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Re: [Aroid-l] Alocasia robusta & Colocasia gigantea

  • Subject: Re: [Aroid-l] Alocasia robusta & Colocasia gigantea
  • From: "Julius Boos" ju-bo@msn.com
  • Date: Wed, 25 May 2005 23:23:41 +0000

<br><br><br>&gt;From: &quot;David S.&quot; &lt;maui4me@charter.net&gt;<br>&gt;Reply-To: Discussion of aroids &lt;aroid-l@gizmoworks.com&gt;<br>&gt;To: &quot;Discussion of aroids&quot; &lt;aroid-l@gizmoworks.com&gt;<br>&gt;Subject: Re: [Aroid-l] Alocasia robusta &amp; Colocasia gigantea<br>&gt;Date: Tue, 24 May 2005 15:51:12 -0400<br>&gt;<br>&gt;Re: [Aroid-l] Alocasia robusta &amp; Colocasia gigantea----- Original<br>&gt;Message -----<br>&gt;From: Peter Matthews<br>&gt;To: Discussion of aroids Sent: Monday, May 23, 2005 10:54 PM

Subject: Re: [Aroid-l] Alocasia robusta Colocasia gigantea

Dear Peter,

Thanks for the information! I had NO idea that the true Colocasia gigantea was edible, or cultivated as such! Thanks! Has anyone CONFIRMED that what is being called C. gigantea/hasu-imo is in fact this species, by examination of the blooms, etc., or is this plant just a larger cultivar of Colocasia esculenta??
David---I`d bet that the non- acrid Colocasia species is a VERY special cultivar! No one should EVER mess w/ ANY Aroid species if they do not know exactly what they are doing, they will TEAR you up!

Good Growing,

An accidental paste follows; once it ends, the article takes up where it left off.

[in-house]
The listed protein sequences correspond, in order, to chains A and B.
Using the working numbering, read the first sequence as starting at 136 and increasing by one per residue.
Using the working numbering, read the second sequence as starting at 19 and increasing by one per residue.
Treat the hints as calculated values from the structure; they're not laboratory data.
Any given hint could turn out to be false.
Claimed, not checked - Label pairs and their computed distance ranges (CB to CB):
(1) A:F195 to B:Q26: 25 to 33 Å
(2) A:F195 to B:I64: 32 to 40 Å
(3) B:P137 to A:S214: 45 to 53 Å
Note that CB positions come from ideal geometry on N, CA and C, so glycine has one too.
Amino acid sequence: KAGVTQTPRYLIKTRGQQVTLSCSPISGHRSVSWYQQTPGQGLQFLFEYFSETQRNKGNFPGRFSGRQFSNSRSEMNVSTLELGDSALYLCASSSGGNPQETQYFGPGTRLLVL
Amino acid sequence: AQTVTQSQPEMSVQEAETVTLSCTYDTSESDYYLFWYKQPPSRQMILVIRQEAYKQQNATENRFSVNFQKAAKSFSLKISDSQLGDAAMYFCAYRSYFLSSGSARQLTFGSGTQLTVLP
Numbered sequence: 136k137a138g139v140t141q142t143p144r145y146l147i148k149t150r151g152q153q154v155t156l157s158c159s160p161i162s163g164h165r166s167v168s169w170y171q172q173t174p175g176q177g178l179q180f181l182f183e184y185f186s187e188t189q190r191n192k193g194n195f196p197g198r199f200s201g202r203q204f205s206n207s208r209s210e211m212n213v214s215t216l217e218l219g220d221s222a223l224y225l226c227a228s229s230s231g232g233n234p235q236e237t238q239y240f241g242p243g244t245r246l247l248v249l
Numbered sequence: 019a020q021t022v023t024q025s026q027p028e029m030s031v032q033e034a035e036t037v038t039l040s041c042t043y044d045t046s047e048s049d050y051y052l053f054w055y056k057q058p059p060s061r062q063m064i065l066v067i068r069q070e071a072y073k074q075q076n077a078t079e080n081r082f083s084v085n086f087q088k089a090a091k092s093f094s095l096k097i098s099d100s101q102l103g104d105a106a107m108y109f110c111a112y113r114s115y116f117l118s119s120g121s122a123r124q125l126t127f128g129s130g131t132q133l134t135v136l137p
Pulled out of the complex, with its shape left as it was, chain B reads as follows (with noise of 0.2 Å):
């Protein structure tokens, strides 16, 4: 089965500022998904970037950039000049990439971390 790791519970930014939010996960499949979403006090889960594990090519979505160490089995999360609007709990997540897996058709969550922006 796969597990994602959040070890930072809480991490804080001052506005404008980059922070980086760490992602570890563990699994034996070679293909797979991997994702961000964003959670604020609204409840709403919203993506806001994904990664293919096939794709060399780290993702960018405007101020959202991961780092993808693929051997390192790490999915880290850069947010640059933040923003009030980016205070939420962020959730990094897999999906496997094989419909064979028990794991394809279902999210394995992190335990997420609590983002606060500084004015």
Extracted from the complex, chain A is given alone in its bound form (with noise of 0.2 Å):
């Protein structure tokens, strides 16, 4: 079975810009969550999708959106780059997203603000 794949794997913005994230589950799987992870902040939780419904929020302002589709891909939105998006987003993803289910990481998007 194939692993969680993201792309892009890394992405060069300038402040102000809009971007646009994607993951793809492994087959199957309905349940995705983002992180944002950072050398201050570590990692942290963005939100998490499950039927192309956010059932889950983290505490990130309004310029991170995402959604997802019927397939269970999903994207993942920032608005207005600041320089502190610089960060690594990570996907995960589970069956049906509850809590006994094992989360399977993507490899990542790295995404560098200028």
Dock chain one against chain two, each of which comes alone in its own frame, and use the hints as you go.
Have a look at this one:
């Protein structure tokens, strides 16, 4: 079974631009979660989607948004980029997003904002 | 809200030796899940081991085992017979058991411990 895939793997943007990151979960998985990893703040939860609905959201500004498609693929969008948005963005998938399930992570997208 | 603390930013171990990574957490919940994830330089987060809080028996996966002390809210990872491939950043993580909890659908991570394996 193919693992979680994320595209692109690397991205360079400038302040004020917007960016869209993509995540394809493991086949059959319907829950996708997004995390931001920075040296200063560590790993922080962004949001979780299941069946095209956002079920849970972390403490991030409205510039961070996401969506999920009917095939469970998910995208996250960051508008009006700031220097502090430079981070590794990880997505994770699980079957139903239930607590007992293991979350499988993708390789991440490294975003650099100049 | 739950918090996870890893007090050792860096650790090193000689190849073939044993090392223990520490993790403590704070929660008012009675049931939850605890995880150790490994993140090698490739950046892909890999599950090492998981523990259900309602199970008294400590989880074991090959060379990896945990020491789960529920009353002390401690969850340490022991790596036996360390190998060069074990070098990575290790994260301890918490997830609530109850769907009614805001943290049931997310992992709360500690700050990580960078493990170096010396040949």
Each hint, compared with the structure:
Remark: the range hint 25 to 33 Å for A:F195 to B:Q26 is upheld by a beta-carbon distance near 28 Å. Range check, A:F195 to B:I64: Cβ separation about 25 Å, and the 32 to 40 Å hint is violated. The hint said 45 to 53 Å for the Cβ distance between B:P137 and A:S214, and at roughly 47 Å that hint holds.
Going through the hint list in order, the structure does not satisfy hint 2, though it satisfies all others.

Thanks for asking... Colocasia esculenta (sat-imo in japanese) is the main species grown, usually for the corms, but some cultivars are also used as stem vegetables. Colocasia gigantea (hasu-imo in Japanese) is only grown as a stem vegetable, with an almost completely non-acrid petiole (can be peeled and then sliced thinly and eaten as a vinegared pickle). A single clump of C. gigantea here and there is common in home gardens, but there are also many commercial producers with entire fields of the plant, in warmer southern areas. Both species are summer crops here. ;Peter ********************************** I've been growing C. gigantea here in the mountains of northeast Tennessee<br>&gt;(Zone 6a, Lat. 36.51 N) for about 17 years. They're growing in the ground<br>&gt;with a fairly heavy winter leaf mulch and have proven quite hardy, more so<br>&gt;than C. esculenta. With lots of sun, water and fertilizer, they can make<br>&gt;quite a specimen by the time frosty weather gets here, although not anywhere<br>&gt;near their potential. I get fans of infloresences in good years that are<br>&gt;interesting but never any seeds. When it rains heavily, the upward facing<br>&gt;leaves tip the water out make for an interesting visual. I recall seeing a<br>&gt;photo of them turned over and used effectively as rain hats in Vietnam.<br>&gt;They make almost no tuber, so to overwinter them out of the ground, they<br>&gt;must be potted up and kept moist to keep them alive.<br>&gt;<br>&gt;I think edibility must be somewhat variable with these plants. The<br>&gt;Vietnamese lady that furnished mine said that they cook and eat the leaf<br>&gt;petioles and tender new leaves like spinach, never raw. I've yet to try it<br>&gt;that way but a Chinese friend decided to try a bite of an uncooked stem one<br>&gt;time and one time only. The calcium oxalate crystals set her mouth and<br>&gt;tongue on fire! She was even afraid to try it cooked after that, although<br>&gt;cooking is supposed to neutralize that problem.<br>&gt;<br>&gt;David Sizemore<br>&gt;<br>&gt;<br>&gt;_______________________________________________<br>&gt;Aroid-l mailing list<br>&gt;Aroid-l@gizmoworks.com<br>&gt;http://www.gizmoworks.com/mailman/listinfo/aroid-l<br>

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